Unpaid in-home care tops all of healthcare expenses in U.S.

A recent AARP study looked at how much time family caregivers spend helping an aging relative with in-home care and found the economic value of that care tops $600 billion dollars.  The rate of those unbilled hours of in-home care adds up to more than the U.S. spends each year on total health care.

Most family caregivers are not paid for that in-home care, of course, and many balance caring for an aging parent with working full or part time or caring for younger children at home. While rewarding, caring for an aging relative or someone with a very serious illness can put strain on family caregivers, including causing lost days at work or career changes, requiring older relatives to move into another family member’s home, and increased stress or anxiety.

One of the biggest complaints is a feeling of lack of support. Someone providing unpaid in home care for an aging loved one may be missing out on socialization, entertainment, exercise or other activities which help them to feel connected to their community.

An inability to take breaks, a lack of respite care or help can often lead family caregivers to feel socially isolated. This feeling of loneliness is often associated with a break down of the caregiver’s heath, including higher blood pressure, weight gain, fatigue and even confusion or memory loss.

Granddaughter provides unpaid in-home care to her family member as they go for a walk.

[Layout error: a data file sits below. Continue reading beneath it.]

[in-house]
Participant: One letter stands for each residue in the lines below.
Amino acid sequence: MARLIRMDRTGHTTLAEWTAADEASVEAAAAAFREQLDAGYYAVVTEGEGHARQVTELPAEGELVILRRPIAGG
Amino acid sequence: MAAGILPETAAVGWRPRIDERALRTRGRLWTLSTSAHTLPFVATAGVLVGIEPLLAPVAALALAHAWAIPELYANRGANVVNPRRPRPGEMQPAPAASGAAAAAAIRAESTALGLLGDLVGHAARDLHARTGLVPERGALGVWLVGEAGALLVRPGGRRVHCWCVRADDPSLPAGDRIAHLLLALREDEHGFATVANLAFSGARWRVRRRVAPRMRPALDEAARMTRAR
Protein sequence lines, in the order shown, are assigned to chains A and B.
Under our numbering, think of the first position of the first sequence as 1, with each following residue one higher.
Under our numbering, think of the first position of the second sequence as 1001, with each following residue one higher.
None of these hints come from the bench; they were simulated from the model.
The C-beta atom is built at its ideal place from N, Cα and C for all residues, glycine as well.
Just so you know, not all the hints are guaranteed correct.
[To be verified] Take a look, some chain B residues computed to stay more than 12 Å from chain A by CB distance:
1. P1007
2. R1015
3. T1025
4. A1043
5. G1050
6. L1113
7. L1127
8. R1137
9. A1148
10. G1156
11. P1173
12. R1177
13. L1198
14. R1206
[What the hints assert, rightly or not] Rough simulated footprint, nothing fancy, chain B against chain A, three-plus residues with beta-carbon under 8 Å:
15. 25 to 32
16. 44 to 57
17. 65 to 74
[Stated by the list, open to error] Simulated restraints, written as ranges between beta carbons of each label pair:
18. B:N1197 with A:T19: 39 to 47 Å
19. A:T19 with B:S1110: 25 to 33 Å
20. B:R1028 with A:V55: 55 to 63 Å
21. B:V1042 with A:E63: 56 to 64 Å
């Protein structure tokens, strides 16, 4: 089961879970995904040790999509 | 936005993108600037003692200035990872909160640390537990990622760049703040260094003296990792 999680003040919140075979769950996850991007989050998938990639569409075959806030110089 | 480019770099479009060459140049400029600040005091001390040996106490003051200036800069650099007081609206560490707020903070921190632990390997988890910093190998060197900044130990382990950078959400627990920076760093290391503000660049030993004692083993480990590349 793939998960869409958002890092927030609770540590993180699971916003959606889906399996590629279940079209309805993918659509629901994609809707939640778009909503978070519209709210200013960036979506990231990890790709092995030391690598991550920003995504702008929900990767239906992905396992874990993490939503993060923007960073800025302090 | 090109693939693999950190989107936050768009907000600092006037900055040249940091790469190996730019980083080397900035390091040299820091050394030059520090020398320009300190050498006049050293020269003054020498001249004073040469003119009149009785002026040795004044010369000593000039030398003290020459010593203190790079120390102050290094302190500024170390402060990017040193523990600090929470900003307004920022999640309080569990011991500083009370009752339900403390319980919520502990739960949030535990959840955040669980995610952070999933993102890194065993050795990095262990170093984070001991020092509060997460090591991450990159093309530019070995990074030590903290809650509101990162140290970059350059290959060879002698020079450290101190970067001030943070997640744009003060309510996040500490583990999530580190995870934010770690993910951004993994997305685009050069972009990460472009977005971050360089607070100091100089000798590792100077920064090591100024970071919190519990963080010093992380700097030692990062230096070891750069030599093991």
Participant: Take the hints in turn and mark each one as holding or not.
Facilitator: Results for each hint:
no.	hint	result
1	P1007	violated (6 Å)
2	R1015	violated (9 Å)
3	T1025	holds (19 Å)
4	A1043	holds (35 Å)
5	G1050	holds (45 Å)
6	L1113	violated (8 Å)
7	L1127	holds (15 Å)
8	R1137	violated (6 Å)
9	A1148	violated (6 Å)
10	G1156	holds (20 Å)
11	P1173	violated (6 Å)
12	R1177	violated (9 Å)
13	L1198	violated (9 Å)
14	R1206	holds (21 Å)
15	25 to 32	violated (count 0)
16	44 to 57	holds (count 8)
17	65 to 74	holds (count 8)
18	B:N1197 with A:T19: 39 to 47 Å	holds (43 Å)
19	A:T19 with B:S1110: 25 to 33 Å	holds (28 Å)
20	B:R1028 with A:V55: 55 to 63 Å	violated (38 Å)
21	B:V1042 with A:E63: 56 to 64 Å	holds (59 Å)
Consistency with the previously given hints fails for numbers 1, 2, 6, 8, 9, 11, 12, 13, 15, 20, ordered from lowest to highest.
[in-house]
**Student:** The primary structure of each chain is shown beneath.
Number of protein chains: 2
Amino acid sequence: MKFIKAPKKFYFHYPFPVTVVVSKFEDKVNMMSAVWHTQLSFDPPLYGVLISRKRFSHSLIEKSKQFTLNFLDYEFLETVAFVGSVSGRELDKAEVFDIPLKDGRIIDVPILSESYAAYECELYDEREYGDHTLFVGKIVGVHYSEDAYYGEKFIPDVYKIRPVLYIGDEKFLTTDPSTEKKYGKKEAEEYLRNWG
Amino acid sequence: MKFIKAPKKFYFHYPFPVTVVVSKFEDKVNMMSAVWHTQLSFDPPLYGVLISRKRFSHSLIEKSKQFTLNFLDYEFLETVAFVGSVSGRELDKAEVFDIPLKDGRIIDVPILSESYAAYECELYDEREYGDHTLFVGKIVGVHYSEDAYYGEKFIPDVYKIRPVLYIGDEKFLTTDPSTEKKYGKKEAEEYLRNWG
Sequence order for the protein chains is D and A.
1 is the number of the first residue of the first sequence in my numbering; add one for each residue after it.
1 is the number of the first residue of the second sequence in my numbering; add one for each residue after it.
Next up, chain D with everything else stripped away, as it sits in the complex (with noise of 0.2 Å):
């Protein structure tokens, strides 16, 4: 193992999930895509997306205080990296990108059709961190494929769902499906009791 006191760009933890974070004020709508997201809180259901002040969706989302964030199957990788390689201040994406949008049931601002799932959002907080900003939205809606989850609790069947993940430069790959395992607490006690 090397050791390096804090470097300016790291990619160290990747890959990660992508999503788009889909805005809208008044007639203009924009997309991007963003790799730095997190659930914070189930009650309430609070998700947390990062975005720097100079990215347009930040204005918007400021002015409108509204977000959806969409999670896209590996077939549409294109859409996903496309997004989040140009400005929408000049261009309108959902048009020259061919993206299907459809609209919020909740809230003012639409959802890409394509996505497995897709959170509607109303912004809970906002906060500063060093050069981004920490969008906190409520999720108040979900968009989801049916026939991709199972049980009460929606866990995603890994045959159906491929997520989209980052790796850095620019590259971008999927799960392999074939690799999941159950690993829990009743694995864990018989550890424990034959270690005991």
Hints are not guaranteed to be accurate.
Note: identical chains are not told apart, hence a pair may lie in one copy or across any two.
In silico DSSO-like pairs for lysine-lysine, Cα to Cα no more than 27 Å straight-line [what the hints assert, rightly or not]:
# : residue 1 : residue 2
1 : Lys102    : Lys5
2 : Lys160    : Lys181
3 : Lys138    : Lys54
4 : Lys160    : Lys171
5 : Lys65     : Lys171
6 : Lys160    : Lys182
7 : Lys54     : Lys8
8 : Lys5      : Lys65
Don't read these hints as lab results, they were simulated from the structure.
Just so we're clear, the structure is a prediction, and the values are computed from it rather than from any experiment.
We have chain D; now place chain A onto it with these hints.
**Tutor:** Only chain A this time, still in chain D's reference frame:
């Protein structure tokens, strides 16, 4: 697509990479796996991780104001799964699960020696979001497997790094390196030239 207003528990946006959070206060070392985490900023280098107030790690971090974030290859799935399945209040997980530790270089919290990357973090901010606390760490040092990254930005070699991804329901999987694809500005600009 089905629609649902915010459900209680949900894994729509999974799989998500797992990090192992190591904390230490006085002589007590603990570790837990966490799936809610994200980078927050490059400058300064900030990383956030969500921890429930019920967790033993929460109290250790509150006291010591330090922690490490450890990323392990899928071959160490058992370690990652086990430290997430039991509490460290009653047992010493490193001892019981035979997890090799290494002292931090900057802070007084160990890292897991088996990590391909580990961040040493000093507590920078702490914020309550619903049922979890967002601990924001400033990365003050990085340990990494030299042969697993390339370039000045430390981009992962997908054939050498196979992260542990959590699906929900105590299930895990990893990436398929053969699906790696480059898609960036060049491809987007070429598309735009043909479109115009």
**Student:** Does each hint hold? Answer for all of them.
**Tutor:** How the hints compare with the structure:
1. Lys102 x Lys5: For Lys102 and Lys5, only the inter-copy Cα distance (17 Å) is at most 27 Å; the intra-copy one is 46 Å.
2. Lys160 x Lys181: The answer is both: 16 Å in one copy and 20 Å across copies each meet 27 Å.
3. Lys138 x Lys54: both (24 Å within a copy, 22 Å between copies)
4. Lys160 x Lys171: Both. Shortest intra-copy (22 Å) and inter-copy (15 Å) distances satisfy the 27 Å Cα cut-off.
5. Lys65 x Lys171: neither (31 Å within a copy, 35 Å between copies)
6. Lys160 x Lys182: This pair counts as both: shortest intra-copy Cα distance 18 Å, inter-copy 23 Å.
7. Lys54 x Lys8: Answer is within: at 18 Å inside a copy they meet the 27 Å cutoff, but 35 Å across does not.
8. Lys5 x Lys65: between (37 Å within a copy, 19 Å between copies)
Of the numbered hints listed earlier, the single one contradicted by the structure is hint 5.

Granddaughter helping her disabled grandmother walk with the aid of a walker.

In California, there are 4.4 billion family caregivers providing in-home care, making up 11.3% of the state’s population.  Californians provide 4.1 billion hours of in-home care to their loved ones, with an economic value of $81.1 billion dollars.

Helping with Activities of Daily Living

While the state offers some support to the most economically vulnerable population through In Home Supportive Services, or IHSS, most family caregivers are not paid to do errands such as bathing, dressing, attending doctor’s appointments, shopping, preparing meals, etc.

Some families turn to in home care agencies for help, and At Home Nursing Care, a licensed and accredited home health and home care agency has helped more than 500 families with caregiving and nursing in the home since 2010.

Paying for in-home care

How do families fund caregiving for their loved ones?  Some families have the benefit of purchasing long term care insurance, as Medicare does not generally provide caregiving services.  Even some Medicare Advantage plans, which tout offering home health aides, provide only a couple of hourly visits per week, hardly enough for most families that need help.

For veterans another source of funding for in home care is the VA Community Care Network, which is care paid for by the VA for veterans who qualify.  At Home Nursing Care is a proud to serve veterans as a credentialed member of the VA CCN, and we can assist with the process of accessing care with lots of information on our website here.

Some veterans with lower incomes also qualify for VA Aid & Attendance benefits, which are paid to the qualified veteran and/or his or her spouse if certain parameters are met.  You can learn more about VA Aid & Attendance here.

Finally, caregiving services are often split among family members helping to cover the private pay cost of care.  At Home Nursing Care offers visits a few times a week or care hourly or around the clock. 

Finding a Geriatric Care Manager, also known as an Aging Life Care Manager, to do an evaluation and create a plan for aging in place is another great option.   You can access more information about care managers by clicking here.